"Mr. Parnell, I'm a surgeon, not an administrator."
"And I'm a pretty good judge of character and talent," Paul Parnell told Laura. "You have to give me that. I handpicked Fred thirty years ago, and now he wants to retire and get some use out of that yacht he gave Christina for their fortieth anniversary. You're our choice to replace him."
Dr. Laura Nelson sat between Parnell, Keystone Pharma chairman of the board, and Dr. Fred Minn, vice president of research, at a well-appointed table at the Fountain Room of Philadelphia's Four Seasons Hotel. Laura had assumed dinner to be a gesture of appreciation for her research on their new drug, Immunone, and her recent appearance at the FDA Advisory Committee hearing on their behalf. Now it was clear—they were trying to recruit her.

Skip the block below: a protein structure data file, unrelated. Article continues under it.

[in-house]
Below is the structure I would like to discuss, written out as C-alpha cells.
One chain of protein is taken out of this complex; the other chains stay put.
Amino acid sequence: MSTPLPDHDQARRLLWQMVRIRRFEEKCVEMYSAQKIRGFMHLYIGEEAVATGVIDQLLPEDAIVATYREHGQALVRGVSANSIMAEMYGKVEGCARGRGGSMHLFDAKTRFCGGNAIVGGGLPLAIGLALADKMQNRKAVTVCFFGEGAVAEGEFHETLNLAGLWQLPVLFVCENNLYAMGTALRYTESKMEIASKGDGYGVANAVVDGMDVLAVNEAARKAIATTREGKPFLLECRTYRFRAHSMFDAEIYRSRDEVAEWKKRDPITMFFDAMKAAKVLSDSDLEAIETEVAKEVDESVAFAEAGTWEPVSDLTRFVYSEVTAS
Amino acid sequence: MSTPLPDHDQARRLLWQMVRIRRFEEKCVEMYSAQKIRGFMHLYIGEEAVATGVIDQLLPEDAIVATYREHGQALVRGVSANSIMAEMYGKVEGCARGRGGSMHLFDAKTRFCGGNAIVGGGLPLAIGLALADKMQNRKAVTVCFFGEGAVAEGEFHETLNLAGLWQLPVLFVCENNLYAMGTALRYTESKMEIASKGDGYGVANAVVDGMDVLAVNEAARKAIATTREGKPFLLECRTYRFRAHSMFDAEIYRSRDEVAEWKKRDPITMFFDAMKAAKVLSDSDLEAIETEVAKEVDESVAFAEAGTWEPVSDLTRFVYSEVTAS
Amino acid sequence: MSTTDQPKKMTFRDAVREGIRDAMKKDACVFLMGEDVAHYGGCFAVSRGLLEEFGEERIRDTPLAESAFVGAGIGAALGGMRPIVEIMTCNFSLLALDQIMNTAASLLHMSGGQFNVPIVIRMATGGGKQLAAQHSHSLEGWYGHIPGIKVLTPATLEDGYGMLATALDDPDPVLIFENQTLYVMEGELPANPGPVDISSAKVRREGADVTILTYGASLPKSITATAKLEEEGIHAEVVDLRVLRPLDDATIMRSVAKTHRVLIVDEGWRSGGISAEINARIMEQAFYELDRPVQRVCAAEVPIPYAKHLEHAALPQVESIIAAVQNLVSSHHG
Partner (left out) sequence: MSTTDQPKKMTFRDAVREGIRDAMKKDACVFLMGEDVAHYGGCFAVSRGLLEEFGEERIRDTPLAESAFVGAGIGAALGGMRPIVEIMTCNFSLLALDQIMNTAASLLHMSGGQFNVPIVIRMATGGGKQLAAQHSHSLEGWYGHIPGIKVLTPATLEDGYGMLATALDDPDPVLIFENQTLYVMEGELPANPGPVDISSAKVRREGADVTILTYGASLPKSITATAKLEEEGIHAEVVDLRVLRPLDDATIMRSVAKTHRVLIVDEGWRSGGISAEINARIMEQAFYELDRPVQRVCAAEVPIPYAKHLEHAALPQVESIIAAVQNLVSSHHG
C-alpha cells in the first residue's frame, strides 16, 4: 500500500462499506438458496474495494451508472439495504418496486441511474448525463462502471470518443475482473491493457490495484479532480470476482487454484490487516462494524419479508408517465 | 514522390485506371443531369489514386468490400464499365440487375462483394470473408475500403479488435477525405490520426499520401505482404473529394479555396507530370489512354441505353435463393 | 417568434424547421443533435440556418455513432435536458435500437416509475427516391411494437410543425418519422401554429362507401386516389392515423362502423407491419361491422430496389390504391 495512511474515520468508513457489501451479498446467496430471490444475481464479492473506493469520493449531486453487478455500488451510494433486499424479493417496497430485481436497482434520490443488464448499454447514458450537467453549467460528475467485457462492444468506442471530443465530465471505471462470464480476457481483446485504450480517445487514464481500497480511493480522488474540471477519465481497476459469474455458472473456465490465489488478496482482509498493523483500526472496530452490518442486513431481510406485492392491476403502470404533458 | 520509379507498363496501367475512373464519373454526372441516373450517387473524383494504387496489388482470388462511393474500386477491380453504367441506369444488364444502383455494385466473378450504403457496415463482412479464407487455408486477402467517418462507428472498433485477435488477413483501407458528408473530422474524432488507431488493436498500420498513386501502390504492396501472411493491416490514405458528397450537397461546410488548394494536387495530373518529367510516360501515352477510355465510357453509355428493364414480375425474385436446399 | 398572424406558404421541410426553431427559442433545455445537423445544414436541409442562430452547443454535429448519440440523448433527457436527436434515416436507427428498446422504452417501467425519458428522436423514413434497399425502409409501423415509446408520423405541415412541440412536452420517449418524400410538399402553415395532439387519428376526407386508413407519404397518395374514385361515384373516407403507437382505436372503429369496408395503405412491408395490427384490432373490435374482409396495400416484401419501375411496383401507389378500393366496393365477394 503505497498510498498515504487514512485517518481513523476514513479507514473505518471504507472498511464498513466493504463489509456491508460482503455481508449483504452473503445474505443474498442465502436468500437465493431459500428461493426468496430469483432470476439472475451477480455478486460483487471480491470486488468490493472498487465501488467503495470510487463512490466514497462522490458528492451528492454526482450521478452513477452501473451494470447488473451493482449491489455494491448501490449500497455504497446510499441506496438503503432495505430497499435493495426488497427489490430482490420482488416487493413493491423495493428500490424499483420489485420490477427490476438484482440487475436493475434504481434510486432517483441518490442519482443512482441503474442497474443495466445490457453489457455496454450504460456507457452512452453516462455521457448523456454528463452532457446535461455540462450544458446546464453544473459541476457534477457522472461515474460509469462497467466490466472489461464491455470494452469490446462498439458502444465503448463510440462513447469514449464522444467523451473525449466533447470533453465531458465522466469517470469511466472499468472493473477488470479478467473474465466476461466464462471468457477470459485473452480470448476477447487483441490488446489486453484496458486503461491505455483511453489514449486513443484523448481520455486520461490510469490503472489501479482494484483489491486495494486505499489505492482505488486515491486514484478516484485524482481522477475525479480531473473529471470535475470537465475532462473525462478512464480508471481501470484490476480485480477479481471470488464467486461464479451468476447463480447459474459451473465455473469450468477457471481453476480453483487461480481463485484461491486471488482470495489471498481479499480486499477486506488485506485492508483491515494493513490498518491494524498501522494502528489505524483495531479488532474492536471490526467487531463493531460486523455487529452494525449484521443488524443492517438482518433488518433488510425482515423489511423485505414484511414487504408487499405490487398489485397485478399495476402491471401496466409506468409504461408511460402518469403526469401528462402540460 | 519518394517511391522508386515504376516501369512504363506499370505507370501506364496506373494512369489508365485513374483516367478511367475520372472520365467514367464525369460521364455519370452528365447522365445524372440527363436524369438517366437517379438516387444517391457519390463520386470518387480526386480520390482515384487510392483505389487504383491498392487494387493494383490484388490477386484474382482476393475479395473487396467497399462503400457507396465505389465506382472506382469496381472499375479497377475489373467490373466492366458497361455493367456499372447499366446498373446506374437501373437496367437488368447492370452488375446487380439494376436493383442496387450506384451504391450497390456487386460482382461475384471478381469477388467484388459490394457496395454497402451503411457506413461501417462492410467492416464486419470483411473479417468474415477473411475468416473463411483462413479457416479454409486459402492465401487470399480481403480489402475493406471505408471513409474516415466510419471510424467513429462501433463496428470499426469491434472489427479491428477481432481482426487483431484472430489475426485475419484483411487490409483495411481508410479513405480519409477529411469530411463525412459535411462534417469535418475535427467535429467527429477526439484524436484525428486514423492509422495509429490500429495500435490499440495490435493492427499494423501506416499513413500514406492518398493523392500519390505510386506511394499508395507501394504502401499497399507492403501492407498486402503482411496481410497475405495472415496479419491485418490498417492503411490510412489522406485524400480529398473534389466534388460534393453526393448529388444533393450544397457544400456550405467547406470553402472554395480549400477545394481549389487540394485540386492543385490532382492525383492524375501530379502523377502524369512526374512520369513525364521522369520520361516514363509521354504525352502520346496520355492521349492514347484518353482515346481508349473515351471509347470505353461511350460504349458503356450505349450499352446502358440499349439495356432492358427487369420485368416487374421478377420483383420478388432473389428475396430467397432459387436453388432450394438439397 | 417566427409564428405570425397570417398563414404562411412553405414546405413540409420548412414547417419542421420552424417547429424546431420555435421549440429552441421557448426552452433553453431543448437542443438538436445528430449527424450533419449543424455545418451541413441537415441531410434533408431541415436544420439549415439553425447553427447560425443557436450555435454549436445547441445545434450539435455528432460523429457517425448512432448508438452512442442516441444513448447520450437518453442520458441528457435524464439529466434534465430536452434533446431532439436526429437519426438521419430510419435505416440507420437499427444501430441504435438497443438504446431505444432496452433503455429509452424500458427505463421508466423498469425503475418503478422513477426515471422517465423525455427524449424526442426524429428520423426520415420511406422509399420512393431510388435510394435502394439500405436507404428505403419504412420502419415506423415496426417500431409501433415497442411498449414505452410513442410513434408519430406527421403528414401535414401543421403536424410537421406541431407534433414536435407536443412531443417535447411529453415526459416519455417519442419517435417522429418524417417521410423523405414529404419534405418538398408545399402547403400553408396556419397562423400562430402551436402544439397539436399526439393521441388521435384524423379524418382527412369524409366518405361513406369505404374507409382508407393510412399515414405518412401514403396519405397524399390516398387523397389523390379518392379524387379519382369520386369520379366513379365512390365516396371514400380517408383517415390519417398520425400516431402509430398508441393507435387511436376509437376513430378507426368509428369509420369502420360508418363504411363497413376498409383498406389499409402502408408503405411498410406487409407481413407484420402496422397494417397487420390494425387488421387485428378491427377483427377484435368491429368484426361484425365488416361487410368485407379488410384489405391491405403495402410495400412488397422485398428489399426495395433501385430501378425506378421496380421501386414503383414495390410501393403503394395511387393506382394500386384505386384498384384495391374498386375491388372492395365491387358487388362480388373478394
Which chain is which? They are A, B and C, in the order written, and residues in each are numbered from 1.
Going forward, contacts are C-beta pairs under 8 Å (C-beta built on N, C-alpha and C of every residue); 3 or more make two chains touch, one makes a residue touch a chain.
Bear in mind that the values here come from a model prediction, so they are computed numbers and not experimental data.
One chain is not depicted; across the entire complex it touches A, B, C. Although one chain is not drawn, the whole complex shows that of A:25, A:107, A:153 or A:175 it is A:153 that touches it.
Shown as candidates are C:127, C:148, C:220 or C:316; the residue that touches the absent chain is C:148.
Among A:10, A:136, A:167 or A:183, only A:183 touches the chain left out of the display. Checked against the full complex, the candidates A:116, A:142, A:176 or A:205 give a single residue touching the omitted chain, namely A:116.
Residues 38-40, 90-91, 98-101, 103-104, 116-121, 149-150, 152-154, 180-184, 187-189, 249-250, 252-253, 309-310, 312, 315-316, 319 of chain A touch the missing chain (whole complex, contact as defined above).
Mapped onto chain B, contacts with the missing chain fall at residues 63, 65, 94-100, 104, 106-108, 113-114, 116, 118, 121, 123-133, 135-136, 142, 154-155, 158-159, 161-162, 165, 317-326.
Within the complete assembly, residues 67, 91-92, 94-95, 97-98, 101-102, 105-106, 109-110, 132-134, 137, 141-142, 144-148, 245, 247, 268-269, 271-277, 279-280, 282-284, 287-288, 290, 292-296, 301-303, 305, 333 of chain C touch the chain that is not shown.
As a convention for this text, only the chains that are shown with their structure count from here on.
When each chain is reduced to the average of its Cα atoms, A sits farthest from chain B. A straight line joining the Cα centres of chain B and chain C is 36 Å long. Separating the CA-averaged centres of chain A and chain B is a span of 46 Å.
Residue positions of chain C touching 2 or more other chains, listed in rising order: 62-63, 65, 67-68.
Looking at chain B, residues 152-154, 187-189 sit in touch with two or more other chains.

As Parnell spoke, Laura admired the fit and fabric of his charcoal gray suit with the thinnest of stripes—but why not spend money on clothes? Paul Parnell was a billionaire and a mega-philanthropist, as well as a Nobel Prize recipient.
"Not a yacht, a forty-foot Sea Ray," Minn said. "First on my agenda is a trip to New Zealand."
"On your Sea Ray?" Laura couldn't imagine the frail man negotiating that journey.
Minn chuckled. "No. By air. I have twin grandchildren there whom I've never even seen." Minn looked his age at sixty-seven, a small man with a neatly trimmed gray beard, intelligent blue eyes, and a ready smile.